I am taking a class titled 21st-Century Fiction: What Is The Contemporary? and three of the books in this photograph are part of the reading list. Absent titles are by Dan Chaon, Kathryn Davis, Ben Marcus, Blake Butler, Sheila Heti. Some others. Wanted titles: Tao Lin’s Taipei (which I am reading now, which is surprisingly good).
I don’t know anything about Dodie Bellamy beyond the fact that she is often grouped with Kathy Acker, who are both often grouped with Dennis Cooper, who are all New Narrative people. New Narrators make the author present, her body and sexuality usually the prime subject. Letters of Mina Harker is a “sequel” to Dracula, except Mina Harker is a young woman who lives in 1980s San Francisco. On conceit alone, it reminds me of Kathy Acker’s Don Quixote: Which Was a Dream.
Richard Powers and Evan Dara are often grouped together, mainly because Powers blurbed his first book, The Lost Scrapbook, and that both of them write books that weave disparate discourses into their fiction. Also, there is speculation that Powers is Dara (Or Dara is Powers). Flee is, according to its publisher Aurora Books, about “in which a New England town does just that.” I’ve read the first chapter, titled “38,839,” and it reeks of Gaddis (in a good way). Disembodied voices colliding into each other, a cacophonous plot; the absurd & banal drama of everyday, throwaway conversation. An Australian book show on Triple R Radio, who have a good and very rare interview with Gerald Murnane (whose book Inland I was really, really jazzed on), also really loves Dara. I’m pretty excited to read this one.
Evan Dara and Richard Powers are often grouped together, mainly because Dara’s first book was blurbed by Richard Powers, and that both of them write books that weave disparate discourses into their fiction. Dara might be Powers (or Powers might be Dara?), but that doesn’t really matter. The Echo Maker is supposed to be one of those Big, Important American Books (as noted by the shallow, embossed seal on my used copy of the book). As I write this, I am listening to Powers read from The Echo Maker from an old Lannan Foundation talk (who also really love Gass) and I am really intrigued. I haven’t flipped through this, so I will reproduce the back copy.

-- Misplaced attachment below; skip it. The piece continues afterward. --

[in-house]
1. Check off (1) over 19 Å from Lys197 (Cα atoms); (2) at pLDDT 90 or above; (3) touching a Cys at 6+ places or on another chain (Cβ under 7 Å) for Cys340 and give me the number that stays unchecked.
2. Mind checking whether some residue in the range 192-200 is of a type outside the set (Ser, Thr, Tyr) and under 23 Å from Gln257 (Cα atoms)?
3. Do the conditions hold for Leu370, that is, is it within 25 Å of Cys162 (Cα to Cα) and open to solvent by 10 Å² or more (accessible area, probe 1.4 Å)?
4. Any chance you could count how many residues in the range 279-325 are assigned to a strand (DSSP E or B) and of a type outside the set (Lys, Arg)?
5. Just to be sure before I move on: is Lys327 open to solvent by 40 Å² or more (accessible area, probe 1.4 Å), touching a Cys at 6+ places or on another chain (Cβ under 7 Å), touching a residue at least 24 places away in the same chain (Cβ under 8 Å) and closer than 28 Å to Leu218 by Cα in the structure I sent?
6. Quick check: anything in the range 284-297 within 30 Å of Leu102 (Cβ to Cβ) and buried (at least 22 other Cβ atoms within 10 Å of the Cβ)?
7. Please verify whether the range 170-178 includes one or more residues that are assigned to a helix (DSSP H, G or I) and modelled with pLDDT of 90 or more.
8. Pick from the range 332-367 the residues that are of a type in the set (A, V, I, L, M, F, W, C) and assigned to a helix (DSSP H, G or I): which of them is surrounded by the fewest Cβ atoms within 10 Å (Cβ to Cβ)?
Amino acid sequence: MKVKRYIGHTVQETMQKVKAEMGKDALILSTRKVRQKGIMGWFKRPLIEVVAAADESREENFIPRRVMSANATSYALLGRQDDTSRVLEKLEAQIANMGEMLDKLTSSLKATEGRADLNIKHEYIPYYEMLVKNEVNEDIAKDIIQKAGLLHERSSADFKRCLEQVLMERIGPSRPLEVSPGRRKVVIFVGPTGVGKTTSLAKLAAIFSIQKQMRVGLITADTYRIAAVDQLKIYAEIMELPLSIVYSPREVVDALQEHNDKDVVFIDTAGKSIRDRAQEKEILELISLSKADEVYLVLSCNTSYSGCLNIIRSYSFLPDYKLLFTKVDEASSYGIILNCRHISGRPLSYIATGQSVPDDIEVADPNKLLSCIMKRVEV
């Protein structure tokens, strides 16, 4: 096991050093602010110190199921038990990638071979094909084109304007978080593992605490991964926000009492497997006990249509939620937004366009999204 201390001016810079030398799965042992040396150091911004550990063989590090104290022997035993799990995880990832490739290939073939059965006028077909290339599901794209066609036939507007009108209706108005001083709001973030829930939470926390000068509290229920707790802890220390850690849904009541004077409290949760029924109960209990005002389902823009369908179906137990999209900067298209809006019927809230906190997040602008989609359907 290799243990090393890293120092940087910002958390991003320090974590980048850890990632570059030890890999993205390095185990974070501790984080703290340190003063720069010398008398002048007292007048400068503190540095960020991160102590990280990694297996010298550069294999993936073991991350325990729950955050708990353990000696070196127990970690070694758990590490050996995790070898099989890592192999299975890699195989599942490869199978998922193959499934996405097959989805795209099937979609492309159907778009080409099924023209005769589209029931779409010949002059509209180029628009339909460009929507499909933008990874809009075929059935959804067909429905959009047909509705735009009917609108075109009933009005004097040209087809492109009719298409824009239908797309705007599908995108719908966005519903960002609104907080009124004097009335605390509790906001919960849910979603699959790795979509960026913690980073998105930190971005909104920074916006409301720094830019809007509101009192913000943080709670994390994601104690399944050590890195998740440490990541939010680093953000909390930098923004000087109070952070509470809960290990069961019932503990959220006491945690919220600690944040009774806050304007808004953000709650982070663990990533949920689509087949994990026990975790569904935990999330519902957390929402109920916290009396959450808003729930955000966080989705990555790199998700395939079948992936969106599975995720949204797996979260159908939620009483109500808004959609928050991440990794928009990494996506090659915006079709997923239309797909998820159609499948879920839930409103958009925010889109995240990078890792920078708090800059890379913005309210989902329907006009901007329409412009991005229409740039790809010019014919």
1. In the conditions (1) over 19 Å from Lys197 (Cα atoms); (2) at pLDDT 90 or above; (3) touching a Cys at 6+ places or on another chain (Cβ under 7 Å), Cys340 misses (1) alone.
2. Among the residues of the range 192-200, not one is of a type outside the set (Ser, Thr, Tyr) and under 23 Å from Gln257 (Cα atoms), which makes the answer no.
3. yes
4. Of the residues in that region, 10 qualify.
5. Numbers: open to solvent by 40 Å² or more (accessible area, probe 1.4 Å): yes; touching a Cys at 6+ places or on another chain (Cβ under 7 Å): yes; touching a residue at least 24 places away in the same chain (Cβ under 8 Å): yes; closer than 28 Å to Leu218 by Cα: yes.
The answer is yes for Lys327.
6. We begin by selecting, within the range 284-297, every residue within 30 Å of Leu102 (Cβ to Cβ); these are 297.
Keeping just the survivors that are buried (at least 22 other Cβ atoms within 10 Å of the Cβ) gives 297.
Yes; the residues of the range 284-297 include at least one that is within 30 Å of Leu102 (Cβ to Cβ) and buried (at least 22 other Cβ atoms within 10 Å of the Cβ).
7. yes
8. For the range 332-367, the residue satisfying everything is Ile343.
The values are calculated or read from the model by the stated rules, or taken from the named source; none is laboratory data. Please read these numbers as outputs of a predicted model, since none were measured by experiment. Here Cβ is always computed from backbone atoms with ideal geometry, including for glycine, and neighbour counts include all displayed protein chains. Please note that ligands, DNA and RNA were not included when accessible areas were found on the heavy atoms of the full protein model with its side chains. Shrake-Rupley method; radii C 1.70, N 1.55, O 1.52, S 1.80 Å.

On a winter night on a remote Nebraska road, twenty-seven-year-old Mark Schluter has a near-fatal car accident. His older sister, Karin, returns reluctantly to their hometown to nurse Mark back from a traumatic head injury. But when Mark emerges fro a coma, he believes that this woman–who looks, acts, and sounds just like his sister–is really an imposter. When Karin contacts the famous cognitive neurologist Gerald Weber for help, he diagnoses Mark as having Capgras syndrome. The mysterious nature of the disease, combined with the strange circumstances surrounding Mark’s accident, threaten to change all of their lives beyond recognition.
Can Xue (which roughly translates from Chinese, according to my mother, to “persistent & dirty snow”) is hailed by western critics to be the Chinese avant-garde heir to Kafka and Borges. Can Xue is a pen name for Deng Xiaohua. She is of my mother’s generation and her class, which means she grew up persecuted during the Cultural Revolution, which means she was sent to a “re-education camp” in the Chinese sticks and learned to farm. She taught herself English, has written criticism on Kafka and Borges. The strangeness of Kafka echoes in Xue. While the former’s strangeness arrives in the narrative with a kind of grim inevitability, the discovery of a debilitating truth lands like an obvious punchline that the reader stupidly forgets (or realizes too late, like the classic Seinfeld episode “The Comeback“), Xue’s arrives with a kind of startling innocence against the backdrop of dramatic irony. It is like watching, in Michael Haneke’s words in his great interview in The Paris Review, a tragedy from the perspective of an idiot. The title story, “Vertical Motion,” can be read here.